Favourite Thing: I love working with the children and adults who take part in my research. It’s exciting when behavioural interventions and treatments are successful and you see children who were having lots of problems improve. I also like getting to grips with a whole lot of data and solve problems with it. Sometimes it’s nice to sit and work through a logic problem, it’s satisfying to work out the right way of doing something.
Cheadle Hulme School (1992-1997), Ridge Danyers College, Cheadle (1997-1999)
University of Cardiff (1999-2003): BSc Applied Psychology and Kings College London (2005-2008): PhD in Psychology
Great Ormond Street Hospital (2003-2005): Assistant Clinical Psychologist, working in clinic for social communication disorders (e.g. autism); Kings College London (2005-2007): Researcher on brain imaging study of children with ‘psychopathic’ traits; UCL (2007-2009): Researcher looking at children with autism in education
Goldsmiths, University of London
Lecturer in Psychology
Me and my work
Investigating why some children develop serious behaviour problems, and what interventions and treatments work best
I use lots of different approaches to think about why some children develop serious behavioural problems. I usually work with children whose behaviour problems means that they can’t get along in mainstream school, and they attend special schools for children with behavioural and emotional problems.
I do a lot of work directly with children in schools, testing their abilities in memory, literacy, understanding emotions and language. I also ask parents and teachers to give reports on children’s behaviour and abilities. I use this information to track progress over time – we can see whether our treatment ideas have worked.
I’ve also done some work using brain scanning to look at differences in the structure of the brain, and the reactivity of the brain to emotional faces. We asked children to lie very still in an MRI scanner and respond to pictures of faces and scenes of ‘danger’. This work showed that some children’s brains are less active when they see ‘scary’ things compared to others – this lack of fear response in the brain might mean that these children find it more difficult to understand fear and upset in other people.
My Typical Day
I could be working in schools, giving a lecture, supervising my own students, doing interviews for new students, or sitting quietly with a lot of data and a computer.
On any day, I could be going into schools to work with children; talking about bullying or getting information about children’s abilities and behaviour. One of my studies is currently looking at how children whose peers think are bullies see their world compared to children who aren’t bullies. Bullies aren’t usually very popular in a classroom, and this might be because some of these children aren’t very good at understanding other people, or because they haven’t learnt less aggressive ways to behave.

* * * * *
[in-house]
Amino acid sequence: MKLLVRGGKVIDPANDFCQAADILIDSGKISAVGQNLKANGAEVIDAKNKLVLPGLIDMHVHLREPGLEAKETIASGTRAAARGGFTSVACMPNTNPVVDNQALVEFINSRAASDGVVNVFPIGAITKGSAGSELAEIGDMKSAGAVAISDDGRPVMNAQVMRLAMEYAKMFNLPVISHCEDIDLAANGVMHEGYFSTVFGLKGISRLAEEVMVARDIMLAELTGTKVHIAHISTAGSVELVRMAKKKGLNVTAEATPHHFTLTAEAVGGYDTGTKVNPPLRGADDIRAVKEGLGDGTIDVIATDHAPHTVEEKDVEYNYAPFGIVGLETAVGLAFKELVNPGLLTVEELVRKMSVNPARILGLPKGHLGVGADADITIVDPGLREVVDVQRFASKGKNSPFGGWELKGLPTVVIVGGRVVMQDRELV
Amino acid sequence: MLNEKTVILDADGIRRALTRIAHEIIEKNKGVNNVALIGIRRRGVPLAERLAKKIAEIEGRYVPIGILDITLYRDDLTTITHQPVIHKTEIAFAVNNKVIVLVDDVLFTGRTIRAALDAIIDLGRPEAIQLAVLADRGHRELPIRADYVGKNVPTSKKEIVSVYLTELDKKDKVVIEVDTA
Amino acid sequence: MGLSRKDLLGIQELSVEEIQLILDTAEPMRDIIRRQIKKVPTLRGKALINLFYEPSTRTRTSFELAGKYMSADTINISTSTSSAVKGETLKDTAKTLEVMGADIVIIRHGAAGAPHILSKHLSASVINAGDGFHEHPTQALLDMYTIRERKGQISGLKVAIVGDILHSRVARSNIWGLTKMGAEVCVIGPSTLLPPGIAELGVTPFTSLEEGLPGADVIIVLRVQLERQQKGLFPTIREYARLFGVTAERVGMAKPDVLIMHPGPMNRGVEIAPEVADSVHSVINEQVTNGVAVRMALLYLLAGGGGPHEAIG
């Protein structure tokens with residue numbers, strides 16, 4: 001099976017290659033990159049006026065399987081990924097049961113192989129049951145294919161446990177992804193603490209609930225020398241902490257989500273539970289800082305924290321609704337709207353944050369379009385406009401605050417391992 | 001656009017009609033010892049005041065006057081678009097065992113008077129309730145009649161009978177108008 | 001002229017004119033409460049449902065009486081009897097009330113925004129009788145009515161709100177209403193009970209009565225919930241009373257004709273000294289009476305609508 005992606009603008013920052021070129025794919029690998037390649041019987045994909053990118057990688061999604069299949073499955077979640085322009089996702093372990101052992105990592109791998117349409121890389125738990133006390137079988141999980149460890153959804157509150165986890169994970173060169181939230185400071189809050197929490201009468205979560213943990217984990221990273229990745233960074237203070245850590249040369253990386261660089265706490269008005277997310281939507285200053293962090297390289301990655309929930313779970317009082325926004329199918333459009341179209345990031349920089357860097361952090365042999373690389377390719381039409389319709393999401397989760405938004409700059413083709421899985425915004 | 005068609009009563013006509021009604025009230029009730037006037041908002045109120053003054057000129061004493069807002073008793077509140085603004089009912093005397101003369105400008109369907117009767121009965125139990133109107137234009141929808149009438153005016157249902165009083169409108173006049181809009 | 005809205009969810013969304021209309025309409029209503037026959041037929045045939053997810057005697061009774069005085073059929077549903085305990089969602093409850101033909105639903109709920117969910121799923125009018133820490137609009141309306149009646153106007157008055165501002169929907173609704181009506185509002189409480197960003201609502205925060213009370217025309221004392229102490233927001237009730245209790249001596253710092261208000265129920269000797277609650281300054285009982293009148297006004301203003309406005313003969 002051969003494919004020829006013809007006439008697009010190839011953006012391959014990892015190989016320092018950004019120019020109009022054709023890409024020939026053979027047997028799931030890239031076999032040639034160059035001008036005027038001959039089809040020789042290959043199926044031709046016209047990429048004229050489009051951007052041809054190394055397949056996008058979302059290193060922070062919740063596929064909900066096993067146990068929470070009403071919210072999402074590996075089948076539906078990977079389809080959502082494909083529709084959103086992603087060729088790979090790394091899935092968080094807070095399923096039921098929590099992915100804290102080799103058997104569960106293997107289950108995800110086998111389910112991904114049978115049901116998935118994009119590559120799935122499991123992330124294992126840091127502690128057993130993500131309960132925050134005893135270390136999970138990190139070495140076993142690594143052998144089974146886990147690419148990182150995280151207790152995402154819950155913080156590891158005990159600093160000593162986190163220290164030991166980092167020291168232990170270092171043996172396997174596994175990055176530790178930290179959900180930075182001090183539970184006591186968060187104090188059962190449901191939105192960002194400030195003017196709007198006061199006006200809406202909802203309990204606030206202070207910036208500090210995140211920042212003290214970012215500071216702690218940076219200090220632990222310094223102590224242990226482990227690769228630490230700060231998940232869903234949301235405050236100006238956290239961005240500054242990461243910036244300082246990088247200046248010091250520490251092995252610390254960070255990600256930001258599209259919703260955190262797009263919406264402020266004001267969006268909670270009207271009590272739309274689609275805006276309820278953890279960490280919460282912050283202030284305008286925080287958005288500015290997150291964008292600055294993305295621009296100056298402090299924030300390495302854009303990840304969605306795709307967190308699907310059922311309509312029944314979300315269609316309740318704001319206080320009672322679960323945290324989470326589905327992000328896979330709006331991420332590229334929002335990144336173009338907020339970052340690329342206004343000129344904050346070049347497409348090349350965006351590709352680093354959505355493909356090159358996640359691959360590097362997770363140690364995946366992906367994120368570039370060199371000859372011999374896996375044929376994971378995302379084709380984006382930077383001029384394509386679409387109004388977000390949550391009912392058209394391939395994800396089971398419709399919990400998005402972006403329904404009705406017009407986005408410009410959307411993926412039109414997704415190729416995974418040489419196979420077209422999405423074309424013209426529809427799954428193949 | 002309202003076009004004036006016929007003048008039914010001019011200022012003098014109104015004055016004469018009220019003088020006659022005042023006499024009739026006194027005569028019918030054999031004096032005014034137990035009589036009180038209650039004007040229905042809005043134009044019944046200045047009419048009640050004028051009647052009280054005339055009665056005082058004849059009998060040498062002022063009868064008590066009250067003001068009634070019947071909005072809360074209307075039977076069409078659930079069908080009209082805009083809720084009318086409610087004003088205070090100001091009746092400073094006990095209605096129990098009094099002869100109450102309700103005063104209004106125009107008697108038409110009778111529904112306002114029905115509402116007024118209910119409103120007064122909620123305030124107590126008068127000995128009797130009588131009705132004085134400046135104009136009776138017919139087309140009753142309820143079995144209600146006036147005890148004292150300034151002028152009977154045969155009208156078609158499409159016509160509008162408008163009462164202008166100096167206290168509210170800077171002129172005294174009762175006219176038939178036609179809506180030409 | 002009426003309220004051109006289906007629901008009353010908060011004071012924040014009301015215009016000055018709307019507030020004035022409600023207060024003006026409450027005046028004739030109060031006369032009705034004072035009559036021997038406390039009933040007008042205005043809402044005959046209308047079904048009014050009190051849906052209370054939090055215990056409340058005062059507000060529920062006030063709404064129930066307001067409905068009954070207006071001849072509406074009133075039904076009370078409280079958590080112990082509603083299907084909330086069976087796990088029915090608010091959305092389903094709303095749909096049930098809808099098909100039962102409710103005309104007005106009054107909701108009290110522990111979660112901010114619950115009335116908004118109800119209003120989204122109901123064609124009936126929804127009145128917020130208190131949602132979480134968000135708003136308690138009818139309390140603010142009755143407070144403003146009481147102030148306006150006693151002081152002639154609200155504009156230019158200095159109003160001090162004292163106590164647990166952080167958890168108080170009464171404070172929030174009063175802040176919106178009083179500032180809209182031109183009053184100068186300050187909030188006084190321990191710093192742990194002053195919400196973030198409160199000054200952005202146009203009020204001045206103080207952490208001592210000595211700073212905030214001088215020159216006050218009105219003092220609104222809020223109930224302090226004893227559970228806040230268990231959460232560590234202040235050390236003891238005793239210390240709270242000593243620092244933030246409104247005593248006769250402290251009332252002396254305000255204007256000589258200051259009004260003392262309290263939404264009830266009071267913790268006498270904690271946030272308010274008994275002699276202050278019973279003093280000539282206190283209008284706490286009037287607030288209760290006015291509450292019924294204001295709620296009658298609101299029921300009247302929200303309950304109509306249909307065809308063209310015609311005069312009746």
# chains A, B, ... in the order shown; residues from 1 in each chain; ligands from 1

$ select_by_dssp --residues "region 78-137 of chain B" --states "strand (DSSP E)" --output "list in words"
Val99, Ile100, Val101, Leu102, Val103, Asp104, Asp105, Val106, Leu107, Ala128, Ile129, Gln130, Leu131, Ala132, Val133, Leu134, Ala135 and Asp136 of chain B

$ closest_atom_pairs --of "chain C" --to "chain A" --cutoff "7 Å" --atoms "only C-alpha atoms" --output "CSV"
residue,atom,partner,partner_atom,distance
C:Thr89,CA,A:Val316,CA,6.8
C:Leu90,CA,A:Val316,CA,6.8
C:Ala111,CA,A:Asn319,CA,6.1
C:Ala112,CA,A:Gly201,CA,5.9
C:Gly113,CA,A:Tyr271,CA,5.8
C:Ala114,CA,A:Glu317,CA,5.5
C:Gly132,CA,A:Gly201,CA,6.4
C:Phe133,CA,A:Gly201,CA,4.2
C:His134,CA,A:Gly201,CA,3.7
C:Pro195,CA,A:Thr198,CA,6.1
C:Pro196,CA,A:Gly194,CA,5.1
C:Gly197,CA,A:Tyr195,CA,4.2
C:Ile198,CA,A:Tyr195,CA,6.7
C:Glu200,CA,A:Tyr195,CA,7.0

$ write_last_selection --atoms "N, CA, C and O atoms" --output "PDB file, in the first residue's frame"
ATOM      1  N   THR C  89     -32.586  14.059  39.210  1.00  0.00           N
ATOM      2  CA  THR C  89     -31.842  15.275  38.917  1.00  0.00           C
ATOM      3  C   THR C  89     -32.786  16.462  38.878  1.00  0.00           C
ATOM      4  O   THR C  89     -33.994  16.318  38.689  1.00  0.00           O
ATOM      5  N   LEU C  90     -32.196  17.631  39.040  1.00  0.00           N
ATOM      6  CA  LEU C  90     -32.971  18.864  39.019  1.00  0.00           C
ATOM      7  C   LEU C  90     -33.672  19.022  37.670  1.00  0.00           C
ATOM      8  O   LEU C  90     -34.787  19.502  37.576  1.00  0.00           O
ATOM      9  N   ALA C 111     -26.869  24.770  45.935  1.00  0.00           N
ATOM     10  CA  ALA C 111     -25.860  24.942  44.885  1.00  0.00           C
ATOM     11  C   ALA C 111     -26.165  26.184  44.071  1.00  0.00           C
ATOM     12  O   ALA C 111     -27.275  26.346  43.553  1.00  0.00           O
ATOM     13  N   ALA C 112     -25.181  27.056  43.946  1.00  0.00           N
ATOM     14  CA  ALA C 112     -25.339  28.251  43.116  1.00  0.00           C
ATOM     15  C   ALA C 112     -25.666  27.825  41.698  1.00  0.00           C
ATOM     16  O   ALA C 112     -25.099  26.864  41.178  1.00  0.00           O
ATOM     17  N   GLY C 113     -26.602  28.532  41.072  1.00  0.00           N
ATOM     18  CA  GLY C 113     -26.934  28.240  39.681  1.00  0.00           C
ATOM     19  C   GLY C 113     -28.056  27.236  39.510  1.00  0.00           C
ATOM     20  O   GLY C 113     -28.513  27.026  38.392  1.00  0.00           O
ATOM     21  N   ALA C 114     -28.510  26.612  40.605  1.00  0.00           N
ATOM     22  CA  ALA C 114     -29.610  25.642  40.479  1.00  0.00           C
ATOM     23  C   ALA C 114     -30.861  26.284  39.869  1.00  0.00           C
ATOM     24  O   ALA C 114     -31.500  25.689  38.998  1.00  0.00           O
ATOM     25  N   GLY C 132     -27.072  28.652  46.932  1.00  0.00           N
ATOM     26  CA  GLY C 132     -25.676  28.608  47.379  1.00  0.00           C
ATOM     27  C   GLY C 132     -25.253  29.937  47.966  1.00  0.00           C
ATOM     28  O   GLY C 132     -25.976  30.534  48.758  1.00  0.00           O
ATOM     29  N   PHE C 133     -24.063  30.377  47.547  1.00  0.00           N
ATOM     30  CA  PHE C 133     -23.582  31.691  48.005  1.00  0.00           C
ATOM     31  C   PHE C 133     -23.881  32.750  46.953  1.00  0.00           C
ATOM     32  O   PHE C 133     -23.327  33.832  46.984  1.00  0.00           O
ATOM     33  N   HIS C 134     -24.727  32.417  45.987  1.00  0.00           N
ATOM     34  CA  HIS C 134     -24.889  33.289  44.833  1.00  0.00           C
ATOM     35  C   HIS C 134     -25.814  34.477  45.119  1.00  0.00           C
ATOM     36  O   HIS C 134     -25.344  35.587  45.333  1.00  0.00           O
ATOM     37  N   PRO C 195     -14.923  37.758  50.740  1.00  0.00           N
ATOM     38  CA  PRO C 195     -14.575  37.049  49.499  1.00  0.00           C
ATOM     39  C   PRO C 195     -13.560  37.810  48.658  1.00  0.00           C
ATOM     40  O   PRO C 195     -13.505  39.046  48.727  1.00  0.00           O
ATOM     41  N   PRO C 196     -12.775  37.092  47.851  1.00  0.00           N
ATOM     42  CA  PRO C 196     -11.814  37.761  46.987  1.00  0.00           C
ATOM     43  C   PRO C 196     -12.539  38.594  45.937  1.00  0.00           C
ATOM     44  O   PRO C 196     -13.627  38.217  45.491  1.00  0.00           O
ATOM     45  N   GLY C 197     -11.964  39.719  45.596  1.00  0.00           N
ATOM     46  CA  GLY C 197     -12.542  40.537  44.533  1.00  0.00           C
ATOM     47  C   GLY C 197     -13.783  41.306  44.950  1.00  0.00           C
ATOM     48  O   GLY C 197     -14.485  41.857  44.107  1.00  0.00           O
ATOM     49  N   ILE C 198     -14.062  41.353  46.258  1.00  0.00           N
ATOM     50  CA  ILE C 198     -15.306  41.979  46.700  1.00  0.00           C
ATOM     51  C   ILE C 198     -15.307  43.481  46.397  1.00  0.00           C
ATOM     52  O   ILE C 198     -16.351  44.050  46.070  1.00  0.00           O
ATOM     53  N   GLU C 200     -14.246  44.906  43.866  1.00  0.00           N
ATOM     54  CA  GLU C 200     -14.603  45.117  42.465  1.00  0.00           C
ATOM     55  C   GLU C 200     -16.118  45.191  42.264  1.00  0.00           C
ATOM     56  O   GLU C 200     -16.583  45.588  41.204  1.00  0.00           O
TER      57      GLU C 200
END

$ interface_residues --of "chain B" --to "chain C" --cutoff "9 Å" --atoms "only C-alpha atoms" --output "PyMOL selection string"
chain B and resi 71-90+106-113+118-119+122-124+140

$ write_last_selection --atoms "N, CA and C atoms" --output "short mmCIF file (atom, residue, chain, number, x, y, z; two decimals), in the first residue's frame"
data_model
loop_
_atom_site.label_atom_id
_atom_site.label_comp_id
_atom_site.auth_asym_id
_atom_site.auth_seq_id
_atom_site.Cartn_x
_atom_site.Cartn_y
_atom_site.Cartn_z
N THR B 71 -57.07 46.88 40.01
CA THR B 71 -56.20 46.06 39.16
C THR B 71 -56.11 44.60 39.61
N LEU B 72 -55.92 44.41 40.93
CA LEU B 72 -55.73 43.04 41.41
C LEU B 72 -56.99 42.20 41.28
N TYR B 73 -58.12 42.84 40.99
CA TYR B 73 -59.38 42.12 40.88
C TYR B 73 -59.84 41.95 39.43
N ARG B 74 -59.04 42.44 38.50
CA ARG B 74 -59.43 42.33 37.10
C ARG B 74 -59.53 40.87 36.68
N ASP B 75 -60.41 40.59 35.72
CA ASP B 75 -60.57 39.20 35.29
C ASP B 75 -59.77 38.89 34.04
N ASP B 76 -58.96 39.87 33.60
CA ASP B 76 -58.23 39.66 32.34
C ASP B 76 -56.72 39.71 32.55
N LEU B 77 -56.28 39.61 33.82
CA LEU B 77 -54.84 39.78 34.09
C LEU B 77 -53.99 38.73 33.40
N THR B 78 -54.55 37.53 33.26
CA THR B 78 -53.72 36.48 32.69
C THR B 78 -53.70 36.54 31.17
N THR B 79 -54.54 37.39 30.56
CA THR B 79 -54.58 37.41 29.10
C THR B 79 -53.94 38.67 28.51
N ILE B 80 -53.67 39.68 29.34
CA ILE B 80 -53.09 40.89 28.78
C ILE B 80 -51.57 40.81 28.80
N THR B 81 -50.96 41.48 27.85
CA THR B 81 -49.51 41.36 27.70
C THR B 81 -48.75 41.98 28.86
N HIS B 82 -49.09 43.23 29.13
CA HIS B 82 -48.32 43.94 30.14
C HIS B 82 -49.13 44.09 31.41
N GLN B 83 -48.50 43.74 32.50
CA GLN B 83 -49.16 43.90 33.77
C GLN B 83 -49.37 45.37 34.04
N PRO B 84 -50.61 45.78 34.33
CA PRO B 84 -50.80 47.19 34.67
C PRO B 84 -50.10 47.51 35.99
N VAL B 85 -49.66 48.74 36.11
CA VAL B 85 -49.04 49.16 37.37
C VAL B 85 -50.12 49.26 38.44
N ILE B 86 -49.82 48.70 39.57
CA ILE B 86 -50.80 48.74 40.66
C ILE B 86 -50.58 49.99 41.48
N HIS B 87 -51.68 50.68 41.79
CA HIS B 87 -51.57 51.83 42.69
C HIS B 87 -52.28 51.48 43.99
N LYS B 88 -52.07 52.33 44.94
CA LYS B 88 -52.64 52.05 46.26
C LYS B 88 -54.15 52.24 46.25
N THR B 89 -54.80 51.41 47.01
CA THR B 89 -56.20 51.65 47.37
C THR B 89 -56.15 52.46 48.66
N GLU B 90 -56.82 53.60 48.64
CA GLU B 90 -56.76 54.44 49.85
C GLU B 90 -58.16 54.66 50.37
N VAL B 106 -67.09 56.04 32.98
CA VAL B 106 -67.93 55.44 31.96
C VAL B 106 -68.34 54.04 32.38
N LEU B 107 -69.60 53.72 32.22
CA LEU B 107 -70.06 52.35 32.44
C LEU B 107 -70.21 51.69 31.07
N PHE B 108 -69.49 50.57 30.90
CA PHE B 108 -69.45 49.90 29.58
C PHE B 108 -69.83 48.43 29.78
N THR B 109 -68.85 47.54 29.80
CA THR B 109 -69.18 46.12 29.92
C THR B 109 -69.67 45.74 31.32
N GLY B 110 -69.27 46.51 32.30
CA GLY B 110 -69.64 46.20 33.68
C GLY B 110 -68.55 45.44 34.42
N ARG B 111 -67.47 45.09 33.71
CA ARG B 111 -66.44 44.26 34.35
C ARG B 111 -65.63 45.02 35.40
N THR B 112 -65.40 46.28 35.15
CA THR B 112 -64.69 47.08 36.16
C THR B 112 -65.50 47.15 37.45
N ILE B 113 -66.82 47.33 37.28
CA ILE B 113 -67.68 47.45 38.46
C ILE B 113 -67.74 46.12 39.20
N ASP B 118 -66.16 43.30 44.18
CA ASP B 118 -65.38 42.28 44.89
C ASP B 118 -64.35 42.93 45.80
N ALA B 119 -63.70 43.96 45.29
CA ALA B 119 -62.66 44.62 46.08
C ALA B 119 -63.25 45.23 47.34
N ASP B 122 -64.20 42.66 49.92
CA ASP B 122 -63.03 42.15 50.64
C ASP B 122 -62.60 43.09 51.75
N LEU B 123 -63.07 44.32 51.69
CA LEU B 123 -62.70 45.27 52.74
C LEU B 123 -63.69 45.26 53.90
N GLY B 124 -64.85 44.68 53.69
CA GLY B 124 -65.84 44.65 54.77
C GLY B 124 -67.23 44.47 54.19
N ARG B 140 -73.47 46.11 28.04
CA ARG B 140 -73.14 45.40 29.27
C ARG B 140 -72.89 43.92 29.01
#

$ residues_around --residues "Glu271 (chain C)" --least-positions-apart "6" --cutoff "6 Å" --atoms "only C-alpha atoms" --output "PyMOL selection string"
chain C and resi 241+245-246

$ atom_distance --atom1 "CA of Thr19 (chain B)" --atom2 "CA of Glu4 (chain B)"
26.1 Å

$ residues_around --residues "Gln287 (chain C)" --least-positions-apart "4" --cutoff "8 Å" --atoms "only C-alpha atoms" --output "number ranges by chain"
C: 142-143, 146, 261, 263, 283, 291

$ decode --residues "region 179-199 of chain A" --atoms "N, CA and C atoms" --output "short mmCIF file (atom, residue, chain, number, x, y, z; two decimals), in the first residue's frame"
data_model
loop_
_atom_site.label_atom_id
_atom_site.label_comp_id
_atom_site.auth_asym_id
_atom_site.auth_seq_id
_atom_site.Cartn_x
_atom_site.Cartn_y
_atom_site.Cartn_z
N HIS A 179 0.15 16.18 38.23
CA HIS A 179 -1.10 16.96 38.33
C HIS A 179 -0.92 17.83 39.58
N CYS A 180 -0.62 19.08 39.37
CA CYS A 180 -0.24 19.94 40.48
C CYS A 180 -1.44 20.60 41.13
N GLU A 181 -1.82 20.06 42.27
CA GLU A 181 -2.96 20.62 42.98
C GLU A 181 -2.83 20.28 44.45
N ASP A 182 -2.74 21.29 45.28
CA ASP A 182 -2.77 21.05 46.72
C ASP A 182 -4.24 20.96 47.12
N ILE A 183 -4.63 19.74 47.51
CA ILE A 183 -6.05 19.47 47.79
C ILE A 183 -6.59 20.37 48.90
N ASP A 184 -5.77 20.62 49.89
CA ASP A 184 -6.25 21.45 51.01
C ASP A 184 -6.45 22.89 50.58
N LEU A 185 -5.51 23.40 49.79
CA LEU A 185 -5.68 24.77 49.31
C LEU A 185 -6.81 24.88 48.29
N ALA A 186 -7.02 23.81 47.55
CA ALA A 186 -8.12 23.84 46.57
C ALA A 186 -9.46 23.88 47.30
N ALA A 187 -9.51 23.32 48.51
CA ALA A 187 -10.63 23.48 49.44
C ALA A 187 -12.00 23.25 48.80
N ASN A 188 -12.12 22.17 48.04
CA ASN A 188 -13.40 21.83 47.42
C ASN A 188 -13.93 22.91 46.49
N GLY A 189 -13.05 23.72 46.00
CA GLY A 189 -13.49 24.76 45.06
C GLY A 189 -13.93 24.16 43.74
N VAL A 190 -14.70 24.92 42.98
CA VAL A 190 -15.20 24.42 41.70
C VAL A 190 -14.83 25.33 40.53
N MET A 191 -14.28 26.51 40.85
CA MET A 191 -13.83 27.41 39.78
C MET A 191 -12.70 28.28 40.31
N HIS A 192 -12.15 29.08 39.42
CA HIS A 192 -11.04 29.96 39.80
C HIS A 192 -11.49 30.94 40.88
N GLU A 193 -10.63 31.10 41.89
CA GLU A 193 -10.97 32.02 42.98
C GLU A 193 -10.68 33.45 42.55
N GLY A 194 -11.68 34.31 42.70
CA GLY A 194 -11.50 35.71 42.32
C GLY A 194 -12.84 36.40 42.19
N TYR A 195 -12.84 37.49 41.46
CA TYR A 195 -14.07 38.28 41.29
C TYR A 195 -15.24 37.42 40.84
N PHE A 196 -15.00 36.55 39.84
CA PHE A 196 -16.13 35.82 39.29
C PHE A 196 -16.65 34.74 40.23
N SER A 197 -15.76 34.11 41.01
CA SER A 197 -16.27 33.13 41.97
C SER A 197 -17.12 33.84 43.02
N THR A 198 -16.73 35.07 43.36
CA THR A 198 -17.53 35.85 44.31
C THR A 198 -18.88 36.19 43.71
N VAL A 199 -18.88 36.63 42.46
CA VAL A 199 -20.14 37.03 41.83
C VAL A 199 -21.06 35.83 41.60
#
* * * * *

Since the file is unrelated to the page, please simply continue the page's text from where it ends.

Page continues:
When I’m not in school, I will be back at University. I am the Admissions’ Tutor for Psychology, and I have to make sure that we are offering places to good students. I also get a lot of queries from potential students that I like to reply to quickly. It can feel pretty stressful applying to university, and I don’t want to create any more stress!
I also teach undergraduate and master’s students. My favourite subject to teach is my own – talking about people who are ‘psychopathic’. I teach students about brain differences in psychopaths and why their behaviour can be so dangerous and difficult to change. I teach groups of between 8 and 125 students, so we could be having a small group chat, or I could be giving a big lecture.
What I'd do with the money
Bring Brain Science to schools! I will set up schemes to bring PhD students (and me) into schools to teach sessions on brain science
For a while, I’ve wanted to set up a scheme that will allow postgraduate students (MSc and PhD) and lecturing staff to visit their local schools to hold sessions on brain science. This scheme will work with primary and secondary students, and will give students a better idea about how their brains work, what their brains actually do, and try and dispel some of those stories about brains that just aren’t true. Brains really are brilliant – we wouldn’t be doing very much at all without them, and I want all school children to be able to take power over their own minds and brains!
How would you describe yourself in 3 words?
Fierce, but friendly.
Who is your favourite singer or band?
oh lots. I *really* like Belle & Sebastian, Those Dancing Days and Edwyn Collins
What is the most fun thing you've done?
Travelled from a conference on Psychopaths in Montreal in Canada to New York by train. It took 12 hours, and it was great.
If you had 3 wishes for yourself what would they be? - be honest!
I’d like an extra hour in the day. um, and then another one. And I’d like to be able to drive.
What did you want to be after you left school?
I wanted to be a journalist. I only discovered Psychology (and science) in sixth form.
Were you ever in trouble in at school?
Often… mainly for wearing coloured nail varnish and not wearing my uniform properly.
What's the best thing you've done as a scientist?
After I finished my PhD, I went to live in America for a while to work at the University of Pittsburgh. I learnt to do some very cool brain imaging things, and made lots of great friends. Travelling is a great upside to being a scientist.
Tell us a joke.
How many Psychologists does it take to change a lightbulb? None, the bulb just has to really *want* to change.